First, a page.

Sermons

Summary: Beatitudes

Sermon on the Mount

“Blessed Are the Poor in Spirit”

Matthew 5:3

The Sermon on the Mount is taught in the beginning of Jesus’ public ministry. Immediately after his baptism and temptation he had begun to announce the good news that the kingdom of God, long promised in the Old Testament Era, was now at hand. He himself had come to inaugurate it. He said: Repent, for the Kingdom of Heaven is at hand.

The sermon of the mount is to be seen in this context. It portrays repentance (metanoia, the complete change of mind) and the righteousness which belong to the kingdom. In other words, it would describe what human life and human community look like when they come under the gracious rule of God.

And what do they look like? Different! Jesus emphasized that his true followers, the citizens of God’s Kingdom, were to be entirely different from others. The Sermon on the Mount elaborates the theme that the believers’ character was to be completely distinct from the World. The disciples of Christ are supposed to shine like lights in the darkness of the world. Their righteousness was to exceed that of the scribes and Pharisees.

In fact, there is no single paragraph on the Sermon on the Mount that the contrast between Christian and non-Christian standards is not drawn. Sometimes Jesus compared the difference with the World: Non-Christians love and salute the World, but Christians love their enemies. Sometimes Jesus used the Pharisees to do the contrast: He pointed to them as having an outside purity but with a hypocrite behaviour, once they honoured God with their lips but their hearts were far away from Him.

Tonight is the first chapter of a series that will change my life completely.

As we call the Sermon on the Mount the beatitudes, let me give you the meaning of it. The word “beatitude” that comes from the Latin meaning happy or blessed. Walter Bauer in his Greek-English Lexicon defines this word as the “privileged recipients of divine favour.”

Being happy or blessed in our days mean something completely different than what this word really means. Being happy nowadays is related to the way you feel and the way you feel is related with the circumstances you are experiencing in the moment. Being blessed is normally seen as being successful, healthy and wealthy, having power, fame and not lacking anything.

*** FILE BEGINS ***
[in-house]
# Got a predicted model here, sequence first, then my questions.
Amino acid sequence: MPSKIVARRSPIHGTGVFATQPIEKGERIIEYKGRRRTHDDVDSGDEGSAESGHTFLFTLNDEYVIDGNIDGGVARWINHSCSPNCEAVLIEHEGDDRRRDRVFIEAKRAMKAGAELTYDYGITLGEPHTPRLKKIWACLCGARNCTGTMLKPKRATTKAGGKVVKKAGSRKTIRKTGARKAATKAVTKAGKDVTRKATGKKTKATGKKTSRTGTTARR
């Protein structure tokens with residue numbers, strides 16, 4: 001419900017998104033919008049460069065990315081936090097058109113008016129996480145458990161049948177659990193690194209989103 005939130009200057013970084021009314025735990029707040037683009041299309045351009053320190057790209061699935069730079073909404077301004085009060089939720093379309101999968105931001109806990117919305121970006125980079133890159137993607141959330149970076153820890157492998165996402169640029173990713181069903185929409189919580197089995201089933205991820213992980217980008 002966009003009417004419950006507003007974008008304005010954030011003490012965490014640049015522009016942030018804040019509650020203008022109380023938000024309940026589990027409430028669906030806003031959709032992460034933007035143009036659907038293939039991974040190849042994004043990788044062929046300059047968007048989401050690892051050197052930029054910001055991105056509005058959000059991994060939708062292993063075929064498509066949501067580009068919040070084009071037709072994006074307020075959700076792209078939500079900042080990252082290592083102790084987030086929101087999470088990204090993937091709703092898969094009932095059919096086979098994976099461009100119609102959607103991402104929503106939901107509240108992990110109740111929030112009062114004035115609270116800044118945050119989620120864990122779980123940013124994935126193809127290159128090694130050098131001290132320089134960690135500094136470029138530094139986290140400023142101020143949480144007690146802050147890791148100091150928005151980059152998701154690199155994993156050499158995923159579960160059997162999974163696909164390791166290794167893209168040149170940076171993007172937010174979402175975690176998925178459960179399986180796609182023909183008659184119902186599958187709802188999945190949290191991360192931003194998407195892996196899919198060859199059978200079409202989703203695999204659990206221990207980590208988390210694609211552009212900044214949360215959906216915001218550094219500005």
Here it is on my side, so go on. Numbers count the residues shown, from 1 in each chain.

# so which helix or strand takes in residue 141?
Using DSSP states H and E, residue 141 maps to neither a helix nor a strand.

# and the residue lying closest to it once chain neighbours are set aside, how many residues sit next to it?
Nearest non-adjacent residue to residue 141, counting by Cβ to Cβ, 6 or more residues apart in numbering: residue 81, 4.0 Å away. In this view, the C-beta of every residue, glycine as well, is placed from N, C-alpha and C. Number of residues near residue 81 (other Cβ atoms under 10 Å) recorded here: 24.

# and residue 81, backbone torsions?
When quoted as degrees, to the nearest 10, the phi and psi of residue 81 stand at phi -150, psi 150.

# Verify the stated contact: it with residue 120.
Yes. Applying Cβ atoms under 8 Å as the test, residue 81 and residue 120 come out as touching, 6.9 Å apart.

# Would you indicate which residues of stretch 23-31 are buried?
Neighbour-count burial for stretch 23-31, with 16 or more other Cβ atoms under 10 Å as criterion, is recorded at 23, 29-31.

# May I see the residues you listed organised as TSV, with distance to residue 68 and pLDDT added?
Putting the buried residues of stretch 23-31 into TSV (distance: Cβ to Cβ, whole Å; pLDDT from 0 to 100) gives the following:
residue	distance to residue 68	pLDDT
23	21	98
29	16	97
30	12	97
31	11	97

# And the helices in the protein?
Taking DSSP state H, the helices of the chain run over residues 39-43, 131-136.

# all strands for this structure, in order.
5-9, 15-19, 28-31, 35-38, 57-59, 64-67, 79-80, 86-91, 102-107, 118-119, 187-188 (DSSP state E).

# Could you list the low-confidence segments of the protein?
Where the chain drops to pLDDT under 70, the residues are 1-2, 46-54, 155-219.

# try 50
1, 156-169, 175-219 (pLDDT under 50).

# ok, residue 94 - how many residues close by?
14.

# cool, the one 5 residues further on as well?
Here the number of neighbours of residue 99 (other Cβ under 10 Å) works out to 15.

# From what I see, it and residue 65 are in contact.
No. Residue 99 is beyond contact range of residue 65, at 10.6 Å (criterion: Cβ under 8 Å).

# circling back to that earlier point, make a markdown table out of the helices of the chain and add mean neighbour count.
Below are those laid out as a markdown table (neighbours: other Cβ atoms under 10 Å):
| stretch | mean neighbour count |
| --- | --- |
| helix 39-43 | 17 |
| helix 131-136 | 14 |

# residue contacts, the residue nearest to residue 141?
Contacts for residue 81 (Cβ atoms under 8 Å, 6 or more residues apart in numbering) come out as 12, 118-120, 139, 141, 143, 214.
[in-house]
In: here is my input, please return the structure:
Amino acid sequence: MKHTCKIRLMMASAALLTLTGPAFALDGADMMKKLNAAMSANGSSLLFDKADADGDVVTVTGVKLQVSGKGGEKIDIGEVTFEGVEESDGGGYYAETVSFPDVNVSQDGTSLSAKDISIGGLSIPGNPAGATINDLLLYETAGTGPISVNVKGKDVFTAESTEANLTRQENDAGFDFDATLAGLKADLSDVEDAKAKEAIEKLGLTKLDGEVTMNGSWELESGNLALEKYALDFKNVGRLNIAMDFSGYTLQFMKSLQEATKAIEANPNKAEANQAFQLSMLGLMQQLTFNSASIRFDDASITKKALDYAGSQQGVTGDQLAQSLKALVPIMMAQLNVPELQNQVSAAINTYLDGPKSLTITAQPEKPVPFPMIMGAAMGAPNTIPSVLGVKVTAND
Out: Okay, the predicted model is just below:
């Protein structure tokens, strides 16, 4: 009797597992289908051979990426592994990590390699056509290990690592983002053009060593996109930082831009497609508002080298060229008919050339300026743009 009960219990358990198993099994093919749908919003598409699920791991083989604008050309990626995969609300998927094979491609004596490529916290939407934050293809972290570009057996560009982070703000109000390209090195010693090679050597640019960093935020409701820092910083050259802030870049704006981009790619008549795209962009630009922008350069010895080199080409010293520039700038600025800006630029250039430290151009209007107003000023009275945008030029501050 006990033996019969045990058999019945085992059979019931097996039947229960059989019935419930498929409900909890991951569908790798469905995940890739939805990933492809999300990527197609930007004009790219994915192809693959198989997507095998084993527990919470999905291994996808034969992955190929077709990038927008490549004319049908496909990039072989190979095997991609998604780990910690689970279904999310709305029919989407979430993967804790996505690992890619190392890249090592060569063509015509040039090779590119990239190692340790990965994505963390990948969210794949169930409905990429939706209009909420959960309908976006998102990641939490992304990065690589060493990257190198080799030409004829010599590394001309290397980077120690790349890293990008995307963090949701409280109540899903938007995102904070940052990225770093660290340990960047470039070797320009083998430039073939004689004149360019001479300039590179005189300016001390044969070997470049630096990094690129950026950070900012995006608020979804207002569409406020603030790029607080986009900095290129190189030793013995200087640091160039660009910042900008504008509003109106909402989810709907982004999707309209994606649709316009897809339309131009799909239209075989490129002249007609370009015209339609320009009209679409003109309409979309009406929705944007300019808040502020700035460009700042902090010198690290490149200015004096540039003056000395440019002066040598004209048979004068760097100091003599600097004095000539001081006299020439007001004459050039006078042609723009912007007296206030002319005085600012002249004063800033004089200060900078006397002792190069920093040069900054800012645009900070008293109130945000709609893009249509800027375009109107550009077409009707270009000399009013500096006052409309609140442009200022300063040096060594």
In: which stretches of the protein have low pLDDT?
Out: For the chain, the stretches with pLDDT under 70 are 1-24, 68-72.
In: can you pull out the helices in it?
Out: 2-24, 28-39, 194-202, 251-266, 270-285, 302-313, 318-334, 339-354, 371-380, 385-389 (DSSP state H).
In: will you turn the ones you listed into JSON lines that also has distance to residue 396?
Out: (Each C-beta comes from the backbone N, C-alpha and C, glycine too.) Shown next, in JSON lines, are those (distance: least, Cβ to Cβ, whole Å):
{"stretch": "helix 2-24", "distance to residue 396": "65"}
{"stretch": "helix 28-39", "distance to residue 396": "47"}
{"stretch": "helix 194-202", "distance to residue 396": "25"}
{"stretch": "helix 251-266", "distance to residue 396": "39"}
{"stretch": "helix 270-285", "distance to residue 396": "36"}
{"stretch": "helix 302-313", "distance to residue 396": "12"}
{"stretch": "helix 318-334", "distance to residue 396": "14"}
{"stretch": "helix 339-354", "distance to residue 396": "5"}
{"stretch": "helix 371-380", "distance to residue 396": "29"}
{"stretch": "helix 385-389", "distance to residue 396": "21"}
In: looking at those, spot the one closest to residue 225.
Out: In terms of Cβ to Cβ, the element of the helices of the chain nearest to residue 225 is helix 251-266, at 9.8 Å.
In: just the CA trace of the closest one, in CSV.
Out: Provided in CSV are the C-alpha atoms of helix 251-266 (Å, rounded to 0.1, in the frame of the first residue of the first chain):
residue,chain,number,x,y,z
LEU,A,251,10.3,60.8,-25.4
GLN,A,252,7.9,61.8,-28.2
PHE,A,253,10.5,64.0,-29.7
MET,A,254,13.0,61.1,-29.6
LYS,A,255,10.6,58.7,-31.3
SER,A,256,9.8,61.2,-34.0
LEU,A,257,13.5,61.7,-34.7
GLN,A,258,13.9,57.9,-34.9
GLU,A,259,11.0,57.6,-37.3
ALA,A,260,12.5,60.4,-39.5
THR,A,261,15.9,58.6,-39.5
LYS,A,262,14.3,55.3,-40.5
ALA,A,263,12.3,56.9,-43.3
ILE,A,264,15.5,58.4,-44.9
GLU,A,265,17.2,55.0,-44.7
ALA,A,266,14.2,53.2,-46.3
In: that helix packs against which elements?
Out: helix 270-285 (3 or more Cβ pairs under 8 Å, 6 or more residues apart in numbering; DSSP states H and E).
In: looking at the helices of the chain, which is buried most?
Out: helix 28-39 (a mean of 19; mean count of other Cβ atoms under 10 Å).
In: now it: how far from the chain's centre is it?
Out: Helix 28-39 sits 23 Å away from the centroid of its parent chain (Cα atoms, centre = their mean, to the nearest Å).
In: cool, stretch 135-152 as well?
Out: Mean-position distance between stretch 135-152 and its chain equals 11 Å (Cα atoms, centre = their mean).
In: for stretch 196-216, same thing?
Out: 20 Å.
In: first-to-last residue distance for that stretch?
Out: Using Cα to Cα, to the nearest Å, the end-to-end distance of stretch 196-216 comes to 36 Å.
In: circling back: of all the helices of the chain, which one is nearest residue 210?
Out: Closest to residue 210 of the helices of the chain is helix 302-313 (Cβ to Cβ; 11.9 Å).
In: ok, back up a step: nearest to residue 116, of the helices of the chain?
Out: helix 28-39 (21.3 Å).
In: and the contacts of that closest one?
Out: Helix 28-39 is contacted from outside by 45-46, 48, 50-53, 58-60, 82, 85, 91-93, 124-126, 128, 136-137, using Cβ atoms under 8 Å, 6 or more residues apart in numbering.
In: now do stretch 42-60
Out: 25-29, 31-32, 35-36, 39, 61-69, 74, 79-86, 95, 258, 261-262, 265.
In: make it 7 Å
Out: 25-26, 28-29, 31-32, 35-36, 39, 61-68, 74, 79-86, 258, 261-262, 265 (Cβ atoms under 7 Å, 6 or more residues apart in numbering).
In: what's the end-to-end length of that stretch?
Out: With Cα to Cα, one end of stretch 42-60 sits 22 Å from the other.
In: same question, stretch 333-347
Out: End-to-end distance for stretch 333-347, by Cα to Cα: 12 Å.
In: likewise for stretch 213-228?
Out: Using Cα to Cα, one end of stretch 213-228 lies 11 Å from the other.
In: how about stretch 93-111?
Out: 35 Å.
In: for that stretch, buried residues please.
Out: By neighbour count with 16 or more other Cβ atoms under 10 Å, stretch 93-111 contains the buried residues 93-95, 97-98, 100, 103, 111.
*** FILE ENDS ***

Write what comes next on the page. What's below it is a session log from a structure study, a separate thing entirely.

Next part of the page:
Blessed in this case means to become the privileged recipients of divine favour.

These two paradigms are addressed upfront by Jesus when he says Blessed are the poor in Spirit, for theirs is the Kingdom of Heaven. Consider, those who are poor in spirit, who hunger and thirst for righteousness are the privileged recipients of God’s divine favour, therefore they’re blessed and happy.

Being blessed means to feel purposeful and fulfilled in God’s will, character and comfort, independent of the circumstances that surround you. The worldly meaning of being blessed means that you have achieved your goals and success and it does not point to Jesus, but to yourself. The biblical meaning of being blessed brings us to a place of dependence and connection with God, on weather successful or not, in good and in bad moments, in health and wealth or in sickness and poverty, you will be with Him and know He is with you.

Psalm 1 gives us a very good meaning for the word blessed. It says:

“Blessed is the man who walks not in the counsel of the ungodly, nor stands in the path of sinners, nor sits in the seat of the scornful; but his delight is in the law of the Lord, and in His law he meditates day and night.” (Psalm 1:1-2 NKJV)

And so those who are blessed are those who keep God’s commandments. They are the recipients of His divine favour.

And so was we enter into today’s subject and this sermon series, we must ask,

• “Are we willing to accept the radical teaching of Jesus?”

• “Are we willing to let it change our lives in the radical way they’re intended?”

Blessed are the poor in Spirit, because theirs is the kingdom of God.

Blessed, fulfilled, full of purpose, being privileged recipients of God’s divine purpose are the poor in Spirit. But what is to be poor in Spirit? What is the first word that comes to your mind?

Just so that we can define somethings: Being poor in Spirit is not:

Observe here,

1. It is not said, blessed are the poor in estate, but blessed are the poor in spirit: it is not a poverty of purse and possession, but a poverty of spirit, that entitles us to the blessing.

2. It is not said, blessed are the spiritually poor, but blessed are the poor in spirit: he that is destitute of the grace and spirit of Christ, that has no sense of his spiritual wants, he is spiritually poor, but he is not poor in spirit.

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